You Can’t Take It With You: Contemporary Culture

Chris Kelly 1978 to last Wednesday

The New York Times summarizes the 1990s sensation of Kris Kross who, this week, lost their Mac Daddy half:  “A pair of moppets with braided hair who wore their clothes backward, the kid duo Kris Kross was one of the unlikely music success stories of the early 1990s, multiplatinum stars who bridged hip-hop to pop, had indelible style, and showed that rap could sustain a youth invasion.”  He and the Daddy Mac had been rapping together since the first grade.  He was also a model of artistic integrity, just this year telling Yahoo, “I’ve worn my pants backward since 1991, never frontward.”  Mr. Kelly leaves behind this sublime artifact of juvenile hip-hop, the first hip-hop song to stay for eight weeks at the top of the Billboard Hot 100:

Eleanor R. Adair 1926 to two weeks ago Saturday

For reasons that will become clear, it’s probably worth noting that Dr. Adair did not die from cancer.  It was a stroke that did in this tireless proponent of microwave radiation which after decades of exposing animals, other people, and eventually herself she eventually declared posed no health risk.  Still, it’s kind of awkward that her research has just been called into question by the World Health Organization who now list microwave radiation as “possibly carcinogenic.” This is a big deal; microwaves are not just for popcorn and TV dinners – this kind of electromagnetic energy also sends your voice and facebook updates from your phone to the world.  She leaves behind an absence of regulation that allows that dude in the car in front of you to text at an intersection and miss the light turning green. (And your accompanying fury.)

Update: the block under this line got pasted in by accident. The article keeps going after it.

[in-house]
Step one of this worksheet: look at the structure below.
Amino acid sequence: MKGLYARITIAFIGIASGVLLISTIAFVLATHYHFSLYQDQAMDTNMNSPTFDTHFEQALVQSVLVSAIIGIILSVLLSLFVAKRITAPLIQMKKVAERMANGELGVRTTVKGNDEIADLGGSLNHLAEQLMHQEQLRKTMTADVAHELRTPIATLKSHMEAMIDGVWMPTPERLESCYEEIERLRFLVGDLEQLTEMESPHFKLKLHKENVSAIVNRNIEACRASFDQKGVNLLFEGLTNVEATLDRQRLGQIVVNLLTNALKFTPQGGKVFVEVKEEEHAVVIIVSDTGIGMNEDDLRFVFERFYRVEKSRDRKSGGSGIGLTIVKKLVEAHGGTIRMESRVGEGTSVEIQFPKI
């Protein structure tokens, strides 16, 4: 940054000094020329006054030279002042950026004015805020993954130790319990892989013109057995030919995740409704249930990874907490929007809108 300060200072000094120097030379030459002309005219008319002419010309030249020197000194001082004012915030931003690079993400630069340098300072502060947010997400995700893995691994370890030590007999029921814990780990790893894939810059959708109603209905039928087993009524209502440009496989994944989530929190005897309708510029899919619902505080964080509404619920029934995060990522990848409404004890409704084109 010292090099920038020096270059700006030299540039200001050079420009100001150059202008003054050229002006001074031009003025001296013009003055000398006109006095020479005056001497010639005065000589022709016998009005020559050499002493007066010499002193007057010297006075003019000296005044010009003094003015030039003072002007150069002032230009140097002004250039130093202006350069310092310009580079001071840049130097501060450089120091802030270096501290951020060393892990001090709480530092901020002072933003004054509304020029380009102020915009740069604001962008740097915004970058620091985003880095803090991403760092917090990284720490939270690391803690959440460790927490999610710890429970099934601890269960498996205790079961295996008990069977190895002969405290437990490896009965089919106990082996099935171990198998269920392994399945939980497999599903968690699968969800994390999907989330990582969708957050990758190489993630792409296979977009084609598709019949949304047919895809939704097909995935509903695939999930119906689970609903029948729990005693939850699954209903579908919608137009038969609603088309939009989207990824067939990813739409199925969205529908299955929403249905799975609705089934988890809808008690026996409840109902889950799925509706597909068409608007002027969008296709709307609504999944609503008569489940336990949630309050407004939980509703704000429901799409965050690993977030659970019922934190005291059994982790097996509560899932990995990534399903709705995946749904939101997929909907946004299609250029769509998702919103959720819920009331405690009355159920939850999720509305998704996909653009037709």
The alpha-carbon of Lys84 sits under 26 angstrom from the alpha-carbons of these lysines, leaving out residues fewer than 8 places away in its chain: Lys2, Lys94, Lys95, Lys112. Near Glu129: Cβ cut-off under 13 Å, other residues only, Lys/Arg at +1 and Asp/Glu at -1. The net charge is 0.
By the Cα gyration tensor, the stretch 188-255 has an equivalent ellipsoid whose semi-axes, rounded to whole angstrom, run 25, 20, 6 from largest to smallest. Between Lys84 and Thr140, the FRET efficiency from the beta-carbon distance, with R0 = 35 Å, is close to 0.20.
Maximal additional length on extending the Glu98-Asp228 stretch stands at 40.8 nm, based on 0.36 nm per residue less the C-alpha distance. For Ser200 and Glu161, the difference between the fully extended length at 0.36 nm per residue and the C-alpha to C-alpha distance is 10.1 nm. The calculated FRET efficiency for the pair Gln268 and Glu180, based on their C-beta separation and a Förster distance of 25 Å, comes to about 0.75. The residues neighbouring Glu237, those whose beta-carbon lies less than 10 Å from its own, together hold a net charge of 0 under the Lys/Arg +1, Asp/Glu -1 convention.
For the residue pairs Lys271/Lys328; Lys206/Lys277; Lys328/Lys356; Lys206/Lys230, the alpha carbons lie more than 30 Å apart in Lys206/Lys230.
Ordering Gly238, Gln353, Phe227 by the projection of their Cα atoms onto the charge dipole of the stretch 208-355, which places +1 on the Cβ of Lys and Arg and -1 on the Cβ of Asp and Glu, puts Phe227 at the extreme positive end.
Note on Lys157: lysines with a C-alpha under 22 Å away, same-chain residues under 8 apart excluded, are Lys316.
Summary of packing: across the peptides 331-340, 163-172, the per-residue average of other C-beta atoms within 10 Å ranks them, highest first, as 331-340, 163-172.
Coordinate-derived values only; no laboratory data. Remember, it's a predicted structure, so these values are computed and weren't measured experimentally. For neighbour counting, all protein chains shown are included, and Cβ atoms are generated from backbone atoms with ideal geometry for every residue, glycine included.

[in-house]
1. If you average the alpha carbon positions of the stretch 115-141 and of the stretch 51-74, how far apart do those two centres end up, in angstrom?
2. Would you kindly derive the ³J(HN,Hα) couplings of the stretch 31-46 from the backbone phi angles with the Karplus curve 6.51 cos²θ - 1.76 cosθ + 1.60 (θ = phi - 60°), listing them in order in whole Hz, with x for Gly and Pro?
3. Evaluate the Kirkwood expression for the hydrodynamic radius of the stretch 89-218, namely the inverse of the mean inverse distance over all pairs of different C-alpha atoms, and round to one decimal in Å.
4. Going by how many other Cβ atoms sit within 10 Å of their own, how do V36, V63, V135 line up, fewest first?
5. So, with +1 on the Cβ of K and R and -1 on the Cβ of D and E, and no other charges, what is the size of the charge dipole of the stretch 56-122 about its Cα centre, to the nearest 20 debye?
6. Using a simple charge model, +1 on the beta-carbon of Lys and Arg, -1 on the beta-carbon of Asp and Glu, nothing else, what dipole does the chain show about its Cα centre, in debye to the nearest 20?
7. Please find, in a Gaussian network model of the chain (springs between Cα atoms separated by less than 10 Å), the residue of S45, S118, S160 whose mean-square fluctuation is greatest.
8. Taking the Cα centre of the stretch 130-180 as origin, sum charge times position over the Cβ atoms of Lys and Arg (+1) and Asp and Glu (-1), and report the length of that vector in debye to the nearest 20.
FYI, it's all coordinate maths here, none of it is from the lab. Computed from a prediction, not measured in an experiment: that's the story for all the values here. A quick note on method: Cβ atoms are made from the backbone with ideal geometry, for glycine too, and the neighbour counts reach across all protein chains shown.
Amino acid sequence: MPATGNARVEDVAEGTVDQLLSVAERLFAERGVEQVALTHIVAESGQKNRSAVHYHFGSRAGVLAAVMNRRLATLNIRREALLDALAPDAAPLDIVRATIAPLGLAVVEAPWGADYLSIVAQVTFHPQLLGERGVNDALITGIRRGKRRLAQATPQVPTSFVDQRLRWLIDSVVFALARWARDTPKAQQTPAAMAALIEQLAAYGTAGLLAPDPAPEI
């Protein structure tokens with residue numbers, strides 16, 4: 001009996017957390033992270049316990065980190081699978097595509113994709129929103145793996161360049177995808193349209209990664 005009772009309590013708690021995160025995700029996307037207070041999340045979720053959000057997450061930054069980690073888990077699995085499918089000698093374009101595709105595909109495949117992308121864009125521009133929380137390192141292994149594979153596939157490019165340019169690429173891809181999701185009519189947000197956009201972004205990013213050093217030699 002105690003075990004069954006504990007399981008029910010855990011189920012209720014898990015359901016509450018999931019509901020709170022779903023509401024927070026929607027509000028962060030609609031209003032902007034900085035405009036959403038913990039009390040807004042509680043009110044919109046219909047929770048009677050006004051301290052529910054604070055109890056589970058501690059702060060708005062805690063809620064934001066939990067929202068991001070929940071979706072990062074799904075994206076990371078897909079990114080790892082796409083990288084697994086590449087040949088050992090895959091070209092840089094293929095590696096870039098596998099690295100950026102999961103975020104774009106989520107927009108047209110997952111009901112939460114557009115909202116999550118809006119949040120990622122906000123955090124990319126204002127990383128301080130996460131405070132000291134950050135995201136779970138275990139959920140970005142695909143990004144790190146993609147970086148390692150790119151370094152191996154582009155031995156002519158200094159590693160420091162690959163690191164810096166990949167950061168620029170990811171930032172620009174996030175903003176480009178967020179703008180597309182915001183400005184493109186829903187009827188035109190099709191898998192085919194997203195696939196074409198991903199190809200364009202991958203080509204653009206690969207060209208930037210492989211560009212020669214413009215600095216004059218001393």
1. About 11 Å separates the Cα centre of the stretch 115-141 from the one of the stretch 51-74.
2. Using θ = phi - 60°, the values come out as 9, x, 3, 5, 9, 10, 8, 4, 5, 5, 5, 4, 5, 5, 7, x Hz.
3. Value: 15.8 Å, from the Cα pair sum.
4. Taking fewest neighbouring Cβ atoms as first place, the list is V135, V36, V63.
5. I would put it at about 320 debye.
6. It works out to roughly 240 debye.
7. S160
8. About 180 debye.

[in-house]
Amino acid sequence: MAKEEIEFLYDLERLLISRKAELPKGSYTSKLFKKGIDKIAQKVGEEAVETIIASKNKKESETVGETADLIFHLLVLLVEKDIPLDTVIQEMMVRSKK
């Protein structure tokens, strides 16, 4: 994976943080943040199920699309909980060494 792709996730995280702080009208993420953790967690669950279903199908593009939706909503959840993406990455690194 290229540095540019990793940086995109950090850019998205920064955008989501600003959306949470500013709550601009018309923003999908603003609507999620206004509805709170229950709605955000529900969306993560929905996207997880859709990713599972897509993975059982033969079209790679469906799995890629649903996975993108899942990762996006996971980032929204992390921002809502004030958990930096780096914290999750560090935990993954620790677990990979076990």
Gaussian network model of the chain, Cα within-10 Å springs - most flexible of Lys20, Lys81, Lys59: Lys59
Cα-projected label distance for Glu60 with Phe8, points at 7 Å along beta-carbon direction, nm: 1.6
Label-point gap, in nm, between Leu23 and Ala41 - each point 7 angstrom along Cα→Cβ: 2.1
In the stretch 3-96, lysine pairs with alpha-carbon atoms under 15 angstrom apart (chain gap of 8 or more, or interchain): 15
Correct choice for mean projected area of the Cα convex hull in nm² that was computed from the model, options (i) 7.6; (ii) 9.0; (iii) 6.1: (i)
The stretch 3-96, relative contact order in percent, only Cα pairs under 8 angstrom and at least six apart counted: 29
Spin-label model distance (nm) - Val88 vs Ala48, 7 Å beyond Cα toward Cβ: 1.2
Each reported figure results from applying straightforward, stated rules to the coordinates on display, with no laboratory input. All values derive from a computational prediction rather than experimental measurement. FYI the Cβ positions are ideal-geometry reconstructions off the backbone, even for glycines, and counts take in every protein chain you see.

Frederic Lieberman 1940 to Saturday

Fredric was the world’s leading Grateful Dead scholar, a man so prolific that his beloved University of California at Santa Cruz (home of the Banana Slugs) were the no-brainer choice to house the historical archives of Jerry Garcia & Co. Fred was also a top scholar on Asian ethnomusicology.  But that’s not why the students flocked to his classrooms: his ‘American Popular Music’ class was among the most popular at UCSC. Dr. Lieberman leaves behind clouds of blue smoke in his overenrolled classroom, where students were openly lighting up before the final. You needn’t do the same to enjoy this classic Dead cover:

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